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I manage a small hedge fund utilizing market timing, pattern recognition and technical analysis. I also publish pebblewriter.com in order to keep my thoughts organized. It should not be construed as advice regarding any particular strategy or security. I hold undergrad degrees in Math and Econ,... More
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  • The Ides Of March Redux
    Two thousand and fifty-six years ago today, on March 15, 44 B.C., Julius Caesar was stabbed (a Fibonacci 23 times) to death, in fulfillment of a soothsayer's prophesy: "beware the ides of March." One notable ringleader, one Marcus Junius Brutus the Younger (of "et tu Brute?" fame) was a former enemy whom Caesar had forgiven and brought into Rome's inner circle. It is said that when Caesar saw Brutus among his attackers, he covered his face with his toga and resigned himself to his fate.

    Brutus' mother was one of Caesar's mistresses and some speculate that Caesar himself was Brutus' true father -- meaning, of course, that Brutus may have committed the unspeakable sin of killing the goose that might have laid many golden eggs for him. But, he was persuaded by his fellow conservative senators that Caesar had grown too powerful.

    Needless to say, it wasn't the smartest move the lad ever made. Although the Senate hastily granted amnesty to its most homicidal members, the people were less charitable. Brutus found himself haunted and hunted and, after losing a battle of epic proportions, took his own life. It marked the beginning of the end for the Republic. Coulda, shoulda, woulda.

    Ben Bernanke, arguably the most powerful man in the financial world, has found himself in the crosshairs more than a few times lately. Although hired by Bush as his chief economist and later Fed Chairman, Republicans have been even more critical than Democrats. In turns, the bearded one has been accused of being too conservative, too aggressive, too dovish, too accommodative, too political, too aloof, too stilted, too talkative and...of course, too hairy.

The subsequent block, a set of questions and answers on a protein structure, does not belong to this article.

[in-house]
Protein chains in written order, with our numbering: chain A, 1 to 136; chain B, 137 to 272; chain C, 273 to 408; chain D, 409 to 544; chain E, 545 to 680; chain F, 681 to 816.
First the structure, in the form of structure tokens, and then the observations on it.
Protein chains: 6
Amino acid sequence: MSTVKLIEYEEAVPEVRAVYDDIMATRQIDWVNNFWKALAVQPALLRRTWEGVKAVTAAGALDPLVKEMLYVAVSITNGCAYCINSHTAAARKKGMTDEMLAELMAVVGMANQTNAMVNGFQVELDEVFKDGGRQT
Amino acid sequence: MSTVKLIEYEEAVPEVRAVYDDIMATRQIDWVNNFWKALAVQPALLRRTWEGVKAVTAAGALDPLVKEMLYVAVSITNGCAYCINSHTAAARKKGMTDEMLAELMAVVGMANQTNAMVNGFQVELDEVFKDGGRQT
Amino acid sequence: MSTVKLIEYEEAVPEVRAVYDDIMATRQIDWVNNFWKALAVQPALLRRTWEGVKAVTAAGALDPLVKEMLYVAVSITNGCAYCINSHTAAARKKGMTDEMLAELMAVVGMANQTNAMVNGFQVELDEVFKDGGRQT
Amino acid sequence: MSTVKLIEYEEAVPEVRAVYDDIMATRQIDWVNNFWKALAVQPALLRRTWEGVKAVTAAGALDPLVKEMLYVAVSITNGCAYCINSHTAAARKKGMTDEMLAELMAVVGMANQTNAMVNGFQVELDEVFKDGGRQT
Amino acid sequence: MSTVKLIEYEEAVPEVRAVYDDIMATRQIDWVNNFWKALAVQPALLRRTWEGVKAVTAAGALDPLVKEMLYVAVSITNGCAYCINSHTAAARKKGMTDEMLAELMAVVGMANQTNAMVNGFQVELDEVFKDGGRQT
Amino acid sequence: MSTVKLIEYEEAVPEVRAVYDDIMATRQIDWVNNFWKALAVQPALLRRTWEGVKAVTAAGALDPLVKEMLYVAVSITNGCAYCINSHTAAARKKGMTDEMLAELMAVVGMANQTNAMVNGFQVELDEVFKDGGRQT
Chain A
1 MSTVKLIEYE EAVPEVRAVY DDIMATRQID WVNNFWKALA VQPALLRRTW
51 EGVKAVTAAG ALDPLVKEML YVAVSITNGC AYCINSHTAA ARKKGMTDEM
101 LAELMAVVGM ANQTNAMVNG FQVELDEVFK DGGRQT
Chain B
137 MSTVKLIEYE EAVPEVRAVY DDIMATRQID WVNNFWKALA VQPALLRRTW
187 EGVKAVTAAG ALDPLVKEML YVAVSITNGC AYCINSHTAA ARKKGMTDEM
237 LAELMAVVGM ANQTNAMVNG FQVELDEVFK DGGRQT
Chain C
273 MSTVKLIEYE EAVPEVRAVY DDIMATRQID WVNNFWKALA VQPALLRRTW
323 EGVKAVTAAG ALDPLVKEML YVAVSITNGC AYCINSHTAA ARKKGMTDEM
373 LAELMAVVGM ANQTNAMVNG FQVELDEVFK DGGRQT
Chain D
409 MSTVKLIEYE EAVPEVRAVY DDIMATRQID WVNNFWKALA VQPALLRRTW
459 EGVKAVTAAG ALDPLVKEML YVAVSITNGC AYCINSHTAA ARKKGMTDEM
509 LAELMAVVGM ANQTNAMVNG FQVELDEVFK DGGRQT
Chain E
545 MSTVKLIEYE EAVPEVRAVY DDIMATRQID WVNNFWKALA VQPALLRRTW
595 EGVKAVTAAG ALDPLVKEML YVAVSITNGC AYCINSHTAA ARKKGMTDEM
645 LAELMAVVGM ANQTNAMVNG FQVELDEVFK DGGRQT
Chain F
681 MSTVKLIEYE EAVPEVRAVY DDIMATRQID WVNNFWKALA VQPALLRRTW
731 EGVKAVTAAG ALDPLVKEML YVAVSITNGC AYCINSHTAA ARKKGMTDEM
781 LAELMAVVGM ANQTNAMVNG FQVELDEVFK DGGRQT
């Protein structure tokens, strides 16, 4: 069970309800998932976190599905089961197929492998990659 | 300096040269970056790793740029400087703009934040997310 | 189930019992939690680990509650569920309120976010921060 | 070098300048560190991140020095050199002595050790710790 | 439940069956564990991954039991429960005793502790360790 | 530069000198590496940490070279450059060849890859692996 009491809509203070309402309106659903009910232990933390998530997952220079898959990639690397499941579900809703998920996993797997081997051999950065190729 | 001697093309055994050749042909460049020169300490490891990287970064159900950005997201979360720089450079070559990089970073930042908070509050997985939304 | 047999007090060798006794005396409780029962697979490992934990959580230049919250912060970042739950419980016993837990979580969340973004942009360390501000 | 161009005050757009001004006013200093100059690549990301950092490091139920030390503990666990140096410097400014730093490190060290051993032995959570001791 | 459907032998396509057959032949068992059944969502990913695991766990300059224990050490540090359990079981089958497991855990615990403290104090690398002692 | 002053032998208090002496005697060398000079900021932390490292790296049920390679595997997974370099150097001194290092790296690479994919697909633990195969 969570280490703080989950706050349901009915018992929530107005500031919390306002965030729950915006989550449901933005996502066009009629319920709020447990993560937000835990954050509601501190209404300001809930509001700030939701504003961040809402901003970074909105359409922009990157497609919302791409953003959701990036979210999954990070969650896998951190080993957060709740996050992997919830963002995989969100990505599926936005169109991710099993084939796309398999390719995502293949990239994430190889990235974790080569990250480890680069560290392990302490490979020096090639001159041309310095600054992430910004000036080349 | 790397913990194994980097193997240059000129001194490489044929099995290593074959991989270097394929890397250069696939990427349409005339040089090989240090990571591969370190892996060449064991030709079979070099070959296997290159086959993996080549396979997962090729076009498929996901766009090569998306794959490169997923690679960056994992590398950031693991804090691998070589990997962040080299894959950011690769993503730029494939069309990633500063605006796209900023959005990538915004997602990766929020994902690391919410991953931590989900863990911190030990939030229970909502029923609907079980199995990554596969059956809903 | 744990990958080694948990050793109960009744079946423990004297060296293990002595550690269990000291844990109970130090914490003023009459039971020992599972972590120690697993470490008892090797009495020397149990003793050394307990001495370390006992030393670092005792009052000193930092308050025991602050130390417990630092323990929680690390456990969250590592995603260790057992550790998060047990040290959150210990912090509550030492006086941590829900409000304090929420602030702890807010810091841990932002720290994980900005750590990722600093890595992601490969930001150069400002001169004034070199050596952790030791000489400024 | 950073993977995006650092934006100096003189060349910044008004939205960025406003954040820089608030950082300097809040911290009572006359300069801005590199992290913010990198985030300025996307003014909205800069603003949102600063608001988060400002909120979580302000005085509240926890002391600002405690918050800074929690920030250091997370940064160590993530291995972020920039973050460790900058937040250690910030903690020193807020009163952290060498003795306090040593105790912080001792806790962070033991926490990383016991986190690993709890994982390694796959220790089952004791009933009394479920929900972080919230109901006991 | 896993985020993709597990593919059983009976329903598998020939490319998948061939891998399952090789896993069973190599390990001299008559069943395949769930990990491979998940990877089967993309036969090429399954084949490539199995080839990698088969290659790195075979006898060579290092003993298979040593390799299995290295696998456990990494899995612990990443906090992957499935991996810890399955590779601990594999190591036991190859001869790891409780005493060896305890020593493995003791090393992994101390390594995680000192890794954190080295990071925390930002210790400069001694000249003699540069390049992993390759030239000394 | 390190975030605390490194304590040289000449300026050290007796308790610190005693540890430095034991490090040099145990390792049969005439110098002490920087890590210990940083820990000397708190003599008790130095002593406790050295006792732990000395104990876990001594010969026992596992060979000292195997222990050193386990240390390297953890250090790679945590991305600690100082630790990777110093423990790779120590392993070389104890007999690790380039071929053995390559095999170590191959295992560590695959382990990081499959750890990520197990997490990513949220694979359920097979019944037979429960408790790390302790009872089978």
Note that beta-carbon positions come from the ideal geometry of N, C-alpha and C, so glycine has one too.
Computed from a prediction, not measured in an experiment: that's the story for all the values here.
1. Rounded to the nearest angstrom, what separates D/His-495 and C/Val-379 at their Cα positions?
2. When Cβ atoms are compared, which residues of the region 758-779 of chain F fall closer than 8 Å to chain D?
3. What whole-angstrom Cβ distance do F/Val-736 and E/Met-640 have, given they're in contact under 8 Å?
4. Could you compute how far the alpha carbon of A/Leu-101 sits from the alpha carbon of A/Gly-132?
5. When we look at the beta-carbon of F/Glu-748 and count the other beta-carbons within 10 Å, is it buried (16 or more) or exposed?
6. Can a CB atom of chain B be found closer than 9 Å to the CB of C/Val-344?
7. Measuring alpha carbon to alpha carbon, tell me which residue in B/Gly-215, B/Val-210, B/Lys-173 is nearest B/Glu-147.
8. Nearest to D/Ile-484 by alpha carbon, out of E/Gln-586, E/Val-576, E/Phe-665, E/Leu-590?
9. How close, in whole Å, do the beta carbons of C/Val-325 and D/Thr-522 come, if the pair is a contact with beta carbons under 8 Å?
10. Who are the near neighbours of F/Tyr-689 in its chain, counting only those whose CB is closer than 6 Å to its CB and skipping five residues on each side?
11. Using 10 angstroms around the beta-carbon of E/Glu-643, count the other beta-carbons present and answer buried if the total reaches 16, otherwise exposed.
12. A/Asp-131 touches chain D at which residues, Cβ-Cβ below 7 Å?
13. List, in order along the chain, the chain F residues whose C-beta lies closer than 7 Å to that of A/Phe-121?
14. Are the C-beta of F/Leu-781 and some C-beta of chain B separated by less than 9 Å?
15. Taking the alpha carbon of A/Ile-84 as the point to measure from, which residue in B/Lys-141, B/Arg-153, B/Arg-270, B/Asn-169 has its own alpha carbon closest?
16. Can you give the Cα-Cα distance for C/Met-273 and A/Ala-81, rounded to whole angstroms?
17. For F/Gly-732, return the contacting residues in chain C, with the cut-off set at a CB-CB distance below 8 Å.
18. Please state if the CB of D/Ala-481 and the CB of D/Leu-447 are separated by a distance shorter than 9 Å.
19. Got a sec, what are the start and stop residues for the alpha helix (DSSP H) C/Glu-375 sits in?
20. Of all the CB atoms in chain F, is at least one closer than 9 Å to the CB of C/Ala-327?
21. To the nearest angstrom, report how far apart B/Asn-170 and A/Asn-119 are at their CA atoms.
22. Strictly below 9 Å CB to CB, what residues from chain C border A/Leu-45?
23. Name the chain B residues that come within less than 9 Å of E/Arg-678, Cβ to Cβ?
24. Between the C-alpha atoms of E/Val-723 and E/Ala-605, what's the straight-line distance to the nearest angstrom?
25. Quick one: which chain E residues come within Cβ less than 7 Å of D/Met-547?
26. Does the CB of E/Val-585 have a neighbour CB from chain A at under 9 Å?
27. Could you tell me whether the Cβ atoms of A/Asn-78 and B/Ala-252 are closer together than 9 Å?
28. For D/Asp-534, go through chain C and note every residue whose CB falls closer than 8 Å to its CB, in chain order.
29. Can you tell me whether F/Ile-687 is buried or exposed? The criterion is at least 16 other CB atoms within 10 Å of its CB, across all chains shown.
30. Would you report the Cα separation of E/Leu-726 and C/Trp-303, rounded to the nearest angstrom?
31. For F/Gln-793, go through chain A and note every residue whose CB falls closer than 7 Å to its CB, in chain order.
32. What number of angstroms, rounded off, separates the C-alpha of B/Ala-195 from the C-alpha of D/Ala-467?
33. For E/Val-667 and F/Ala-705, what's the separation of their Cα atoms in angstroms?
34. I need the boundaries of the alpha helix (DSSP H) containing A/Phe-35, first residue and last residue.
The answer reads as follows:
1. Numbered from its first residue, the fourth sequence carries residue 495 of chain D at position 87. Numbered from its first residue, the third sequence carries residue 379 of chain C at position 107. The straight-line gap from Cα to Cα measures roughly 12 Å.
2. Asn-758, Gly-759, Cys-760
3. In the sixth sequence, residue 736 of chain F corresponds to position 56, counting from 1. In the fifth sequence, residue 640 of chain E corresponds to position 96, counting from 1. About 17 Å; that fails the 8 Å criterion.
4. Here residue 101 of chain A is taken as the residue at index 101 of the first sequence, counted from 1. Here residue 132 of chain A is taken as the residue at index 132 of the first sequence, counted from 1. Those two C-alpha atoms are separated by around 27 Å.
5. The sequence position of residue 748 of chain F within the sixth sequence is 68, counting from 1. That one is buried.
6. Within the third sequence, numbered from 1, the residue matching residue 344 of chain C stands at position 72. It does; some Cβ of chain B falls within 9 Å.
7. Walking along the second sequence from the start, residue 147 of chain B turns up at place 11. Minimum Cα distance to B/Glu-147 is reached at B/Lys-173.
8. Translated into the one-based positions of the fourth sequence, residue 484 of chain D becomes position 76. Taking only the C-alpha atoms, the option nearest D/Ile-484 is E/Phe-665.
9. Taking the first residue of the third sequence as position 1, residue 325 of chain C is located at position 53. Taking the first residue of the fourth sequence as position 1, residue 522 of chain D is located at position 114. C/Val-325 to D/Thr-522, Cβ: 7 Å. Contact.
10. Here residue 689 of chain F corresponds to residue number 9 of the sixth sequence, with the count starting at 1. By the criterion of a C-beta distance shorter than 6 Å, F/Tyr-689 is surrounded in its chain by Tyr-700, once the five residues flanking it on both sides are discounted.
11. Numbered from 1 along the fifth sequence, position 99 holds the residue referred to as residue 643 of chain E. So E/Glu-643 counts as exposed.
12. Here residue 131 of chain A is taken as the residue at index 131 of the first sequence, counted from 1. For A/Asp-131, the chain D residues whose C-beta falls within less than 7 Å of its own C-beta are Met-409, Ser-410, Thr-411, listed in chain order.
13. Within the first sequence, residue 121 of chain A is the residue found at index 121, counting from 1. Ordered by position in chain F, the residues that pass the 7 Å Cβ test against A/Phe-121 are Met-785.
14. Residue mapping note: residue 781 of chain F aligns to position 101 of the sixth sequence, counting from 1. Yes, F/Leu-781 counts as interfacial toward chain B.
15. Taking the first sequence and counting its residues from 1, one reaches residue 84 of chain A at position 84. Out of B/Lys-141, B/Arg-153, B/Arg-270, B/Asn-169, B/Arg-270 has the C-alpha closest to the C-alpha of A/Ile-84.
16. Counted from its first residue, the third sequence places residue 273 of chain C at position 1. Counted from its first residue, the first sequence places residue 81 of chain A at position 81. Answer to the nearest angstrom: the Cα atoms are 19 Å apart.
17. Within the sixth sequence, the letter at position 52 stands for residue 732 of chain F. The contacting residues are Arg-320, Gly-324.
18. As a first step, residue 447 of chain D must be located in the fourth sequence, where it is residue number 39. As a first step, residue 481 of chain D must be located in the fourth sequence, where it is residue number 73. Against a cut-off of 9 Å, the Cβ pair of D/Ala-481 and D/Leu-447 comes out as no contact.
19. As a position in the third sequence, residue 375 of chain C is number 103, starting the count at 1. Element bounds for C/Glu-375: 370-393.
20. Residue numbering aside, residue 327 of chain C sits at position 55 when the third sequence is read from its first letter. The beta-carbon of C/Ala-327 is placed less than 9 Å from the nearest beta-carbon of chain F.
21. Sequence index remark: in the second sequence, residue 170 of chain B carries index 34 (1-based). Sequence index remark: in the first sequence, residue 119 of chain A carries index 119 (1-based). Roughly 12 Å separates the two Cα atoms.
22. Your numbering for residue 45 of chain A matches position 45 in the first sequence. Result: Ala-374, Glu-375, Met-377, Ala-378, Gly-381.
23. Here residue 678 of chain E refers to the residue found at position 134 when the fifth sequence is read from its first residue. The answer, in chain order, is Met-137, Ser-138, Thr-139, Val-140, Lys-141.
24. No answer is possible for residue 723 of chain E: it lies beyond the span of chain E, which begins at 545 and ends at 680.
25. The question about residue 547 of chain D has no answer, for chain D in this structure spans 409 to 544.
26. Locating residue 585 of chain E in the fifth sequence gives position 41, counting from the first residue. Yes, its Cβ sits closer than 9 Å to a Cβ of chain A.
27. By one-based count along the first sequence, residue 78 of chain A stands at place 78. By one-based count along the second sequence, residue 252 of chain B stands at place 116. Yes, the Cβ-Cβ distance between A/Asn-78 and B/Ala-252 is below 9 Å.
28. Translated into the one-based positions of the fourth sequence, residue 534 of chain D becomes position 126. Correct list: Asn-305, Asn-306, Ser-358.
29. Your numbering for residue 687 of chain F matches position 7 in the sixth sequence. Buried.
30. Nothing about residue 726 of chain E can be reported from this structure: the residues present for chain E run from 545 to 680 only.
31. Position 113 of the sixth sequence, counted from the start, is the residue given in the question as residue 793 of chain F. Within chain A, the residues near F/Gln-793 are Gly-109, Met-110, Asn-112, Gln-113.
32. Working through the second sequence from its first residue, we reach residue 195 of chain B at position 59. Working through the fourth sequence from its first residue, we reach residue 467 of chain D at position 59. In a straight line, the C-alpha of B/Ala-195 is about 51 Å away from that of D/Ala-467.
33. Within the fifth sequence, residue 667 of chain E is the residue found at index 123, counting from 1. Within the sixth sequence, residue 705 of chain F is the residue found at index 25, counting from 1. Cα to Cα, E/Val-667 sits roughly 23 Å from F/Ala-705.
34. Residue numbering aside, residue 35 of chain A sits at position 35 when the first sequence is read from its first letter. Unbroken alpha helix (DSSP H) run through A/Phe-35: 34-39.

Ron Paul proudly refers to himself as the thorn in Bernanke's side. Rick Perry warns that Bernanke will be "treated ugly" in Texas if he continues to print money so recklessly (not sure what that means, but I think it involves a pickup truck and 50 feet of chain.) On the other hand, Paul Krugman faults Bernanke for his "shameful passivity" and for "wimping out" and Maxine Waters wants him examined for signs of demonic possession. Even yours truly has, I must admit, disparaged the guy.

    What everyone seems to have forgotten is that Bernanke, for all is faults, is their golden goose. He and his spawn are the only people on Earth willing and able to perpetuate the ponzi scheme that's preventing them from being lynched. Bernanke's no great fan of the American body politic. In fact, he lays the blame for the financial crisis squarely at politicians' feet. But, he understands that failing to keep the music playing will reveal the fundamental flaw in the way the economy has been run for the past, oh, sixty years.

    In short, we industrialized nations have made too much money. In a world where billions work for less than a dollar a day, we've paid ourselves too handsomely. America, chief beneficiary of the world's reserve currency being the dollar, has particularly benefited. And, our financial system is outstanding at funneling excess liquidity into ventures in search of capital -- whether or not they make good economic sense.

    But, as we've seen from the South Sea Bubble, the Dutch Tulip Mania, the Dot Com debacle and the housing crisis, the system isn't so great at turning off the spigot. Our political leaders, whose continued employment is made possible through the largesse of those profiting the most from these ventures, aren't about to stop the music.